By Alex Lessard, Kansas Wheat Alliance Communications Intern
This year marks the 22nd anniversary of Kansas State University’s hard red winter wheat variety, Jagger. This variety has made an impact in several countries, states and individual farms, since its release in 1994. Not only was it one of the most widely-planted varieties, but one of the best parent varieties as well.
Dr. Rollin Sears, a retired wheat breeder for K-State and later AgriPro/Syngenta, made the initial cross for Jagger and several other widely-accepted varieties during his career.
“When I came to Kansas, I noticed that most of the time wheat never ripens in Kansas. It usually dies because of the drought or high temperature. So, I was looking for and making crosses to try to identify wheats that would actually ripen and not die. Jagger was that variety.”
Jagger was named after Minneapolis, Kansas, wheat farmer, Joe Jagger. Prior to that time, K-State had never named a wheat variety after a wheat farmer before, since they were always named after locations. Sears wanted to name the variety after Jagger, but wasn’t sure if it was the right thing to do.
“I asked four or five key wheat breeders, after Joe’s passing, and all of them started to cry because they felt so affectionate for Joe and realized the impact he’d had on wheat, so I knew it was the right decision,” said Sears on naming the variety after Jagger.
Over the past few years, Jagger has been marketed by the Kansas Wheat Alliance (KWA). This variety may not be seen in many fields across the state as Jagger anymore, but it lives on in the pedigree of several current varieties. Those varieties include K-State’s Everest, Joe – KWA’s newest hard white wheat variety released in 2015 – and Tatanka, one of KWA’s newest hard red wheats released this fall. In addition to having a high percentage of pedigrees worldwide, it was also part of the foundation for wheat breeding.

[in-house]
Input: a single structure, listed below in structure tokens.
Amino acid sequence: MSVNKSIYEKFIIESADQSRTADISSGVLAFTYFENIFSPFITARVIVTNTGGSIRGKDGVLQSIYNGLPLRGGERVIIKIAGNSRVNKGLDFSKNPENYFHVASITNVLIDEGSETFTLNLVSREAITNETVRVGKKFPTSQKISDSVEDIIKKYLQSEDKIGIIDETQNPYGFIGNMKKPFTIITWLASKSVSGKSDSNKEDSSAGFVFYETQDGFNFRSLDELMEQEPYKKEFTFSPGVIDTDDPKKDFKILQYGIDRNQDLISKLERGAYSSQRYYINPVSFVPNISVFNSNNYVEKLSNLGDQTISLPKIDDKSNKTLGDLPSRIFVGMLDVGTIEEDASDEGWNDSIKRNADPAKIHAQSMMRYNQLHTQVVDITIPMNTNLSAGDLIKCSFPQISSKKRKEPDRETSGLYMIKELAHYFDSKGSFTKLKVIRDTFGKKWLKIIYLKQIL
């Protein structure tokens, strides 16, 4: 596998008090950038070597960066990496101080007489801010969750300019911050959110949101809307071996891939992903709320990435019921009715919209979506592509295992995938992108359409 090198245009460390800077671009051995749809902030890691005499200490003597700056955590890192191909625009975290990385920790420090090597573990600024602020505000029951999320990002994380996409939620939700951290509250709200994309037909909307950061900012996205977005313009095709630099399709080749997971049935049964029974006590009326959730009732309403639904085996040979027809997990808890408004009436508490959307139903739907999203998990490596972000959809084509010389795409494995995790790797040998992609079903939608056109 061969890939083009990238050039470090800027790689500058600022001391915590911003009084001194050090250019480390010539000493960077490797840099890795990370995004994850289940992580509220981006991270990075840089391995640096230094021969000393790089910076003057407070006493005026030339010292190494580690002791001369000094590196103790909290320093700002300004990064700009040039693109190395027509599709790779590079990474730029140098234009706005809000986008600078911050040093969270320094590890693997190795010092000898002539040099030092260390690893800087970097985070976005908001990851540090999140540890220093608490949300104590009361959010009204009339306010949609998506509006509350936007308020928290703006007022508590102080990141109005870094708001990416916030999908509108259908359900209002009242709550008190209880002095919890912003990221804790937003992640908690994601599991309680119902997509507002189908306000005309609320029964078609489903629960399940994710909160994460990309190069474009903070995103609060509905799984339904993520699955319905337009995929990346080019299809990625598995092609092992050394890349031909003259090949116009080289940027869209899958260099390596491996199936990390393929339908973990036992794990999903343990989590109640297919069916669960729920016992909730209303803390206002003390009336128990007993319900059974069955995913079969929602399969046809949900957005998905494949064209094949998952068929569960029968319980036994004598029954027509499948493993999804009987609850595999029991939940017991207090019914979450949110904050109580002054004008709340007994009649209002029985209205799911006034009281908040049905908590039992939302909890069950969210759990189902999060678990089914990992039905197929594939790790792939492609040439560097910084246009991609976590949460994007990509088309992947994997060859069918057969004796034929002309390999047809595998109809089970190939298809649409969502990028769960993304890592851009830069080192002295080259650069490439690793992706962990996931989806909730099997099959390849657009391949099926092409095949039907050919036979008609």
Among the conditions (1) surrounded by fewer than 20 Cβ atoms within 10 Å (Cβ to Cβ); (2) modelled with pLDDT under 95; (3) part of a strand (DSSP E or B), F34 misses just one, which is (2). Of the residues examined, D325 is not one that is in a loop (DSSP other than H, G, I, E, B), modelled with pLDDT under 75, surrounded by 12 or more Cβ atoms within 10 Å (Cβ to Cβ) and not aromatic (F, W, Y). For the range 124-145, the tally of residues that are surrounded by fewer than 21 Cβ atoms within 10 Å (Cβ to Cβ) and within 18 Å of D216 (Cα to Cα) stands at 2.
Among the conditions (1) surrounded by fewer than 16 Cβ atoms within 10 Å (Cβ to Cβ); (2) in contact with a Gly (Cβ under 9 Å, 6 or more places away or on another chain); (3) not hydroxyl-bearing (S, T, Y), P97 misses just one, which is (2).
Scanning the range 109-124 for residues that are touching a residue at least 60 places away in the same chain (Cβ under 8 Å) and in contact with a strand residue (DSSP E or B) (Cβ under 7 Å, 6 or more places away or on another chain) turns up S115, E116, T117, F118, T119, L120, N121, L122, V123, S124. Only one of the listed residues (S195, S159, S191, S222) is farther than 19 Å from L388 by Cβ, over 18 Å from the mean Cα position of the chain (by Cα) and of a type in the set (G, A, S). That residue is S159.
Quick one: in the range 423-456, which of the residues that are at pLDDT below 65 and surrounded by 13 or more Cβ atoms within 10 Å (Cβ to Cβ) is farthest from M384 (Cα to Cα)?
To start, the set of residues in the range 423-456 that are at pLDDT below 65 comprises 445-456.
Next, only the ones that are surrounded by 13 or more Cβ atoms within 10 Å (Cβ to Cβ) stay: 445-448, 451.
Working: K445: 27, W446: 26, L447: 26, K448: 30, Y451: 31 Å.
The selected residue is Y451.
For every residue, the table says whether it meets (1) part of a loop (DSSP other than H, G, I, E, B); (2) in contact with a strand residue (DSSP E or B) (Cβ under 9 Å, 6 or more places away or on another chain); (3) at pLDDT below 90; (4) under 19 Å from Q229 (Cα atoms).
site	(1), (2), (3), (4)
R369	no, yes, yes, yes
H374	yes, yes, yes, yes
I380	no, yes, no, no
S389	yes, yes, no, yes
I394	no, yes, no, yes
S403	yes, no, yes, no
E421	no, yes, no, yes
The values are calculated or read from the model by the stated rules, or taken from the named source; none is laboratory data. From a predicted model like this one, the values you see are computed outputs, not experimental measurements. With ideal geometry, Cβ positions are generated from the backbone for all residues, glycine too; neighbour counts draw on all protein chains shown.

Sears explained the moment he chose the cross for Jagger.
“I could take you to the exact spot where Jagger was selected at Ashland Bottoms. It was just one of those things where you’re just walking along and you’re looking at thousands of rows of wheat and then, all of a sudden, you come to this row, and it’s like love at first sight when you see it, and you know that this is going to be a successful variety of wheat,” said Sears.
Jagger was planted in two foundation fields in its first year. Nine years later, it reached its peak and had nearly 35,000 acres of Certified seed production with 1.3 million bushels of Certified seed produced that year. Even this year, Certified Jagger is still being produced. During the span of 22 years, over 10 million bushels of Jagger Certified seed has been sold in Kansas alone.
In the first spring after Jagger’s release, a series of killing frosts wiped through Kansas, severely injuring many of the Jagger fields. During that time, several farmers had started to give up on Jagger, but after a cool spring with a few good rains, Jagger fields made an astounding recovery. After that, Jagger had a series of good years with successful yields.
Sears recalled knowing that Jagger would be a good variety because he noticed there was something special about this variety, but he never imagined that it would be such a popular variety, accepted in so many different places.
Jagger’s strengths include a fast establishment in the fall, exceptional baking quality, good performance on low-pH soils, very good drought tolerance and moderate resistance to tan spot. On the other hand, Jagger had a few weaknesses. This variety had been known to shatter, have below-average straw strength, is susceptible to leaf rust and Hessian fly, moderately susceptible to stripe rust and had below-average test weight.
This popular variety has been successful across all the Central and Southern Plains. It also has good tolerance to drought and wheat streak mosaic virus in the region.
At the Borlaug Summit convention in 2014, a farmer from the Republic of Georgia, a small country between Europe and Asia, told Sears he had wanted to thank him for a long time because Jagger had saved his farm.
In Jagger’s lifespan, it was planted as a significant variety in 12 countries. It was a hard working variety for farmers because it was dependable and didn’t give up. At one point, Jagger was planted on nearly every acre in south central Kansas.
“It’s humbling to know that at one point you held all the Jagger that existed in the world in the palm of your hand. Then the seed was increased and grown by everybody and got up to over 15 million acres,” explained Sears.
The Kansas Wheat Alliance is a not-for-profit organization formed by wheat producers, researchers, and seed marketers with the goal of maximizing value for wheat farmers by promoting responsible management of new wheat varieties developed by Kansas State University and other wheat-breeding programs. Royalties are used to support wheat research that enhances the profitability of wheat producers.